A second moral of the story is: Unless you are a “high net worth” investor with a good private banker, you can only enjoy an IPO “pop” as an observer on the sidelines. IPO “pops” are spectacular to watch, but dangerous to dip one’s feet in.
Rule 3: Sensational IPOs are Dangerous
Most money to be made on the stock exchange is in companies that have not been widely recognized as “hot” by the investors. A company may be very solid in its financials and operations but if it has not surfaced on top of the general public’s radar screen, there is a good chance that its stock price is still attractive. The moment the Wall Street Journal and the Financial Times pick up on that company, the stock price will start adjusting. By the time you start reading about that company on Yahoo! News and even your grandma asks you about it, it is too late — the stock is most likely already overvalued. The company may very well remain very healthy, but the stock has quietly but steadily become toxic. This is the case with all the hype surrounding Facebook’s valuation — I remember the sensational articles and TV coverage about the expected record-breaking IPO that were brainwashing the general public almost two years ago. Another good example for this is Apple. Everyone these days believes Apple is a money-making machine. So they flock to that company’s stock. Apple may very well be a true money-making machine and remain one for the foreseeable future, but its share price has already been driven through the roof. If you wanted to make lots of money on that stock, you should have invested in 2005 when the stock was trading for $70-75 a piece, not now — when its price hoovers above $500 and flirts with the $600 threshold.
The third moral of the story is: It’s hard to beat the market. Those who do beat it consistently have been professionally involved in investing for much longer than you can imagine. They spend their entire days looking out for undervalued companies. They don’t get their tips from TechCrunch or Huffington Post, not even from the Wall Street Journal and Financial Times. Let them do their jobs, and focus on doing the job you pride yourself on even better.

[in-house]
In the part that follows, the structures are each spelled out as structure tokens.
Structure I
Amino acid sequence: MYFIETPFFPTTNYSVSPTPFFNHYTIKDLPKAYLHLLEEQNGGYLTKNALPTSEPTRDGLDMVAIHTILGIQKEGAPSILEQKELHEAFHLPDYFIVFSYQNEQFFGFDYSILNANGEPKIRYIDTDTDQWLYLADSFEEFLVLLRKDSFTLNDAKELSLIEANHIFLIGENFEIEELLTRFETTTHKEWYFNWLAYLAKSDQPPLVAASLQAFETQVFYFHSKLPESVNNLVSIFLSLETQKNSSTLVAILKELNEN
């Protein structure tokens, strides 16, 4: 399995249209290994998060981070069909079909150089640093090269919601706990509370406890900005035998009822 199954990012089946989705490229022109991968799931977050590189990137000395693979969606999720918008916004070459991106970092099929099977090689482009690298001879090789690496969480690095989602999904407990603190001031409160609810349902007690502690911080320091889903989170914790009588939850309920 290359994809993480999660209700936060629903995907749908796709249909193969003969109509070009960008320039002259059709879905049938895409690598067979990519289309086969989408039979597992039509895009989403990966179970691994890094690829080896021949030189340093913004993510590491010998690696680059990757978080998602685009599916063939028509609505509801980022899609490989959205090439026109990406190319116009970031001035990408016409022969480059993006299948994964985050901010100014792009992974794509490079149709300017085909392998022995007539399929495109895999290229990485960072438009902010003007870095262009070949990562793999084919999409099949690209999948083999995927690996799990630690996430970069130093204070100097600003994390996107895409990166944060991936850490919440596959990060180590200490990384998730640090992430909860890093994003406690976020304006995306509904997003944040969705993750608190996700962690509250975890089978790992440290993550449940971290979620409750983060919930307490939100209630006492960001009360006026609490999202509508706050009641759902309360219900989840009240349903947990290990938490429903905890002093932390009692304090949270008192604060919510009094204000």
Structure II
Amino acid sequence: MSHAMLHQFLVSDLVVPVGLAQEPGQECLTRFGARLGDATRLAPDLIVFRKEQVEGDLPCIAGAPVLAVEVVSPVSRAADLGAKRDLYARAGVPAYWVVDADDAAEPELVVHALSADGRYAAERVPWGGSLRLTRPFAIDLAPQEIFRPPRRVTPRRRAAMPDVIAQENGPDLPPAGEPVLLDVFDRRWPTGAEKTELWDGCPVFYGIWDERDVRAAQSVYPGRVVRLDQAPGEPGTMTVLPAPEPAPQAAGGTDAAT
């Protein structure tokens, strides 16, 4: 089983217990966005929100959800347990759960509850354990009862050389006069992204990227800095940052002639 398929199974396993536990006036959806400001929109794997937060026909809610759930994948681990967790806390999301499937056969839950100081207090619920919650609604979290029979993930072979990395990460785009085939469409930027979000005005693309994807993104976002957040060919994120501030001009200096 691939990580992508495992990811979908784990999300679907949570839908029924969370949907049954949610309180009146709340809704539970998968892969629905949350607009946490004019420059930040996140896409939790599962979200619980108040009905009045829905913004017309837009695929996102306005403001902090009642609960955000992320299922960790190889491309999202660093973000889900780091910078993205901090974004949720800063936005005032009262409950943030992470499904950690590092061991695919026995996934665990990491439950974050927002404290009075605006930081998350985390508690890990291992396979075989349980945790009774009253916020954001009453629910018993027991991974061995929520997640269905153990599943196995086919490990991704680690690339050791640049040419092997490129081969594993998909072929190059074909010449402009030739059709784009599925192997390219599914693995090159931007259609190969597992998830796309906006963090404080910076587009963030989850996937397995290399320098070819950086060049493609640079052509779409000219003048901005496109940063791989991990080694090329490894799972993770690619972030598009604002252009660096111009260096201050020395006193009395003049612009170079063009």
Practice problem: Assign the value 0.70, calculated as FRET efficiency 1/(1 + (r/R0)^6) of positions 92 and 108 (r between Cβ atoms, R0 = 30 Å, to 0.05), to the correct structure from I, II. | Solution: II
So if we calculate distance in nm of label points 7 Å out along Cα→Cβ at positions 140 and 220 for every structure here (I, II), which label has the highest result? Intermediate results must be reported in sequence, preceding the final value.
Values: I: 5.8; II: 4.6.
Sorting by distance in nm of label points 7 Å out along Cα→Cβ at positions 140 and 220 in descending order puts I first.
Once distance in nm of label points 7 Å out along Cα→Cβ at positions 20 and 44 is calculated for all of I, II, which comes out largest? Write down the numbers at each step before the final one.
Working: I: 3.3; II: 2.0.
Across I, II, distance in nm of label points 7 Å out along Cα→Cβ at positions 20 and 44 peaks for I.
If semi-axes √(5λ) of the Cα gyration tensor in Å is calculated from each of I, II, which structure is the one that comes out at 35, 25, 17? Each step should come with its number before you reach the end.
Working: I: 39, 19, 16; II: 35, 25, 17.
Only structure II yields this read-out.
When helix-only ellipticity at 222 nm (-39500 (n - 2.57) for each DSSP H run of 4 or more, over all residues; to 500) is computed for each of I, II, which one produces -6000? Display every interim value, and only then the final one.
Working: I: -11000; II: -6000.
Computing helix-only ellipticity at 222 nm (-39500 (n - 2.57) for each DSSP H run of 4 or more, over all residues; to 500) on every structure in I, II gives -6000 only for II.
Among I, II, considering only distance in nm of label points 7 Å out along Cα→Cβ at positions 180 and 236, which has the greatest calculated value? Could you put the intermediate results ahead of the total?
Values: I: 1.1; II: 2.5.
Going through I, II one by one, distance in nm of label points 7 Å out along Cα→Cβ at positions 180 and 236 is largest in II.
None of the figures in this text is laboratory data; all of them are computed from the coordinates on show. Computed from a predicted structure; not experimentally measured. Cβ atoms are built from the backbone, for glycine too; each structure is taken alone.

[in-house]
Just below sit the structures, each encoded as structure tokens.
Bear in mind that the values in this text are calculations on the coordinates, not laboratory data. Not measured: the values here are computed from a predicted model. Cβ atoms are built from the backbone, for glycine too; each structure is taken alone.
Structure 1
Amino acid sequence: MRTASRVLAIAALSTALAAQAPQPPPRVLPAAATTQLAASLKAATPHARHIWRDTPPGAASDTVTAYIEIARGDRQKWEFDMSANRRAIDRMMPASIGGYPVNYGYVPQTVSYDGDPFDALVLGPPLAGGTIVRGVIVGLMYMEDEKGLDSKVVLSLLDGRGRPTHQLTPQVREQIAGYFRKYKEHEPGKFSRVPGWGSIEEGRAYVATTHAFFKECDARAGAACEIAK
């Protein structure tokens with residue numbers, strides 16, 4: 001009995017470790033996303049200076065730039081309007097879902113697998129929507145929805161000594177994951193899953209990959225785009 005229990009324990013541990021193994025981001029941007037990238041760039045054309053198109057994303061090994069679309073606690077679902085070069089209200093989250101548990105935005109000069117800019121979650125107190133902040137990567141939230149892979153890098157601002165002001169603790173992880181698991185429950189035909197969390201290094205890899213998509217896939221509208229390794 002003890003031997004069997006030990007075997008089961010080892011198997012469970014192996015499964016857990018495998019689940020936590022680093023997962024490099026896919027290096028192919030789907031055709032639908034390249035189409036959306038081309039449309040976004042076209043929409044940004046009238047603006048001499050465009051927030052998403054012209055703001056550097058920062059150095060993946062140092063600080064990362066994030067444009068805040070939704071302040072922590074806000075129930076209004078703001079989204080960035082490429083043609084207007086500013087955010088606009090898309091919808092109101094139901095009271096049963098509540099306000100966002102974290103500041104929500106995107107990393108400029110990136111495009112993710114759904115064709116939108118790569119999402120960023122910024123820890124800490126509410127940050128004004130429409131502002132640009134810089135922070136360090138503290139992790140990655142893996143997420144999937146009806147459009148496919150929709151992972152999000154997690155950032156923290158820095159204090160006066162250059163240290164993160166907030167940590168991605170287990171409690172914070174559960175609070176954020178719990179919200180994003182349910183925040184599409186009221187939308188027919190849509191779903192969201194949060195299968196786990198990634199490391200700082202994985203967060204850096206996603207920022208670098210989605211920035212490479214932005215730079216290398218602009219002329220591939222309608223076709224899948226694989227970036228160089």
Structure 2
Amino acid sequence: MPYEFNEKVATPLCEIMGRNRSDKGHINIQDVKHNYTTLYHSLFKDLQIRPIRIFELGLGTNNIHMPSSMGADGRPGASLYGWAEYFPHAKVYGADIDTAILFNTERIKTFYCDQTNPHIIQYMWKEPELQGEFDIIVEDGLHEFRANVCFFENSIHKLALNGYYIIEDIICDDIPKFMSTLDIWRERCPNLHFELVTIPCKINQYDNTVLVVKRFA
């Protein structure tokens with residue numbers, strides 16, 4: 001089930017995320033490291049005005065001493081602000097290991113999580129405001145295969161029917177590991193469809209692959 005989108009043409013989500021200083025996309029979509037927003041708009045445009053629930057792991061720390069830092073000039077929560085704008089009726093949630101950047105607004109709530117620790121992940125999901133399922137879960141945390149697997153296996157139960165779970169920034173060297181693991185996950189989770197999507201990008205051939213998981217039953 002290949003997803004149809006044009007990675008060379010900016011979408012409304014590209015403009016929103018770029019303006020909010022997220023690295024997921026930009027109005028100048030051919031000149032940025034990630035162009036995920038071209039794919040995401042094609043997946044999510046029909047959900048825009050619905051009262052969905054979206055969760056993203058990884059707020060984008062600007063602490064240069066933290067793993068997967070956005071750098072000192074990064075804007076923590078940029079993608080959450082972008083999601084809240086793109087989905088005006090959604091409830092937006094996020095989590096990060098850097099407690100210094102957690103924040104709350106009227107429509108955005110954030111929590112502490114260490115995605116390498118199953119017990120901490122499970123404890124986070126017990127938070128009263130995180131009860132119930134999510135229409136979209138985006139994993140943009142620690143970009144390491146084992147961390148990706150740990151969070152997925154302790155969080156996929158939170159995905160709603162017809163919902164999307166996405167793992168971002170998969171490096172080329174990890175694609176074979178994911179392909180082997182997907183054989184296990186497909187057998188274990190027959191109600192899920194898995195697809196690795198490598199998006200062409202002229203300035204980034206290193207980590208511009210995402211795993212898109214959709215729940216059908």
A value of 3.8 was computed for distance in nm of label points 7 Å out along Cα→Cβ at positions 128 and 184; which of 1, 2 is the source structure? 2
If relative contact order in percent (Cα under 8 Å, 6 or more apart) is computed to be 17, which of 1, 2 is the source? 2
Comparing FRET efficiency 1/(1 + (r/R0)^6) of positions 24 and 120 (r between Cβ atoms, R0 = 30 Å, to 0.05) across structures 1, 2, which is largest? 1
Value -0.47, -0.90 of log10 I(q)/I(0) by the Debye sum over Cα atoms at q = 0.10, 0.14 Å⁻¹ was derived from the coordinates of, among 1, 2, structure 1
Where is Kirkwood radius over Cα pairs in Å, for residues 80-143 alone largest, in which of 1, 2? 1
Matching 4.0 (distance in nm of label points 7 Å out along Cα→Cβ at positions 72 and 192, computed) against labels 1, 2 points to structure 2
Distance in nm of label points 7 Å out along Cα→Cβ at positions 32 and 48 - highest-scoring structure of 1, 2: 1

Rule 4: Remember the Past!
Bubbles often start to burst when the hype reaches impossible heights. If you see a company or a person being elevated almost to the status of a deity, run away far and fast. The fact that a company starts floating at 100 times its earnings is a sure sign of the type of exorbitant hype and mindless herd mentality that can only bode misery for those who buy into it. This was the story in the late 1990s with the “dot.com” bubble burst; this was the story with the real estate extravaganza in the 2006-2008 period; this will probably (and sadly) be the story with the SoLoMo craze (for those who don’t dwell too often on techie blogs, SoLoMo stands for the convergence of the ubiquitous Social, Local and Mobile apps and services that you keep stumbling upon in your everyday lives nowadays).
Yet another moral of the story is: History tends to repeat itself, for good or for bad. If you know that bubbles have burst in the past, look out for signs of the next bubble. If you see a price of a certain asset sky-rocketing and people buying based on emotion and not reason, stop yourself and search for the inner voice of reasoning.
Rule 5: Growing Users Does Not Equal Making Money